I don't get it.
Mmatt has no problems whatsoever getting his ultralight airplanes started in cold temps. Used to be that all snowmobile engines were two cycle and most of them started up like a hot damn in winter - and variants of those engines are hard at work on small aircraft today. So - stick a pin in that.
Yesterday my timing was finer than that of any farmer, and right up there with a swiss watch: I fired up my lawn mower and weed whacker for the last cut of the year. The mower needed a few extra pulls to get going - but so did the two cycle weed whacker. I had to run it up and warm it up before it ran right. Stick a pin in that one, too. It snowed overnight so an old goat can't cut it much finer n' that for timing, eh? HAR HAR HAR!!!
Now then - let us consider all that about all this:
I want to get my small RC planes on skis and run them in the snow all year round. The reason for that is the retired old farts at my field all migrate south for the winter and with them not around to hog the field - I can fly whenever I want. The only problem is that the small glow engines HATE cold weather. They start getting very balky at around 0C. I gave up on it when life demanded my attention elsewhere. But now... the flying itch is back in my blood and I feel the need to partake of the cool, green delicious fuel these toys like to guzzle.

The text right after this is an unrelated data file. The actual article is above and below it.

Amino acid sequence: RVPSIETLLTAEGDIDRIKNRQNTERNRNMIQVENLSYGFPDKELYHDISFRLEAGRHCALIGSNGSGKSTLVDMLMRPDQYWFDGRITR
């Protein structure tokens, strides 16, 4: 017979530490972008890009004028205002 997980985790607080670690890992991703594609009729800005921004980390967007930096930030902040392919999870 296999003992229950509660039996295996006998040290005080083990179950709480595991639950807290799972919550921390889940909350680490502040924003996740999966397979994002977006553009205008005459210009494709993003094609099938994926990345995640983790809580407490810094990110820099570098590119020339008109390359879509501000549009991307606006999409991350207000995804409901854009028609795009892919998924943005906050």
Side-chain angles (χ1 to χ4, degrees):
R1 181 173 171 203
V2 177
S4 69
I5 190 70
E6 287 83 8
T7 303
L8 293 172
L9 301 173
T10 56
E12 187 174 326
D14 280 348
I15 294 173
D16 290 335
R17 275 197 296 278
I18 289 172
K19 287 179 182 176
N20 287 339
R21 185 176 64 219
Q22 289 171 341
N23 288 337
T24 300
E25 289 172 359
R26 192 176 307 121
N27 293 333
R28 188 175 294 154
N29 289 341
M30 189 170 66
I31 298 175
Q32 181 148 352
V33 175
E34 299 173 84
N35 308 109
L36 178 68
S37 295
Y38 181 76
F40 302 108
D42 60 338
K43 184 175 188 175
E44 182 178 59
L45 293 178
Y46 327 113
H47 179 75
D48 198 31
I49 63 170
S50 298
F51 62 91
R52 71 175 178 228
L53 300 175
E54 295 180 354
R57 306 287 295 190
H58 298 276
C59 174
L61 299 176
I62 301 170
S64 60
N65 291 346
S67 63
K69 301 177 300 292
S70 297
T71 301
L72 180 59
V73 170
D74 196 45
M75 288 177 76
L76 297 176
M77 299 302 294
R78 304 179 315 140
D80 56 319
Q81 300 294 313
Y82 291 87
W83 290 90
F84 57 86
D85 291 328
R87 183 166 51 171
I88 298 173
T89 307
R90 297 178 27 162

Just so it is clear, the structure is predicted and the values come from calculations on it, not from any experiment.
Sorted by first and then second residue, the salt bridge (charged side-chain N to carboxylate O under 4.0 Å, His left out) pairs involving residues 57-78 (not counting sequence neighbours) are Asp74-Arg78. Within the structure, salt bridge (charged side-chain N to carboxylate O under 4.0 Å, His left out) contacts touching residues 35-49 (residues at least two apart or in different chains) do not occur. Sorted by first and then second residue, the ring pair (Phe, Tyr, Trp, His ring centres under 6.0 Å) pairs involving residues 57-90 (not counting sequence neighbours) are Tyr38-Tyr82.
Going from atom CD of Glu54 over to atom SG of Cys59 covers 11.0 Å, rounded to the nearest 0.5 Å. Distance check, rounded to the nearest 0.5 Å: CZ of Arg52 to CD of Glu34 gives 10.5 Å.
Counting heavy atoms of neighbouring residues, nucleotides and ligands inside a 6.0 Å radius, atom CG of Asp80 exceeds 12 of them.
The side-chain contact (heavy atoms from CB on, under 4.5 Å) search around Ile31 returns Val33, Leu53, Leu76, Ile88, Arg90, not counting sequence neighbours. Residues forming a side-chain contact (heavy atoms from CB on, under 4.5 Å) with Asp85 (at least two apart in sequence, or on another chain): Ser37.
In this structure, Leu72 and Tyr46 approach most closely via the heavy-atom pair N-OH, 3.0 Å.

Why is it that some two cycle engines will run in the cold, and some will not?
The secret, I'm told, is to get the engine warm. The problem with my glow engines is getting them to run long enough to warm up. I convened an academic symposium on the subject on the RC forum, and the intellectuals there turned their formidable intellects on the issue. The boys are saying that in cold weather, run the hottest glow plugs I can buy. Also, more nitro is better for the obvious reason that it will burn hotter. Most a that I coulda figgered out myself... but this is a new one: the boys said a great starter fluid for glow engines is …. lighter fluid!
Harumpfffff! Call me a skeptic: lighter fluid comes out somewhere around diesel in the burn characteristics if I recall correctly. But the intellects of RC academia were adamant, not only would it work, some said, it worked so well that it should be cut with regular nitro fuel. Other said a few drops down the carb wouldn't hurt nothin' and that that's what they did.
Interesting experiments are in the offing. If any of you have any advice to offer, the comments are always open.
Have a great Monday!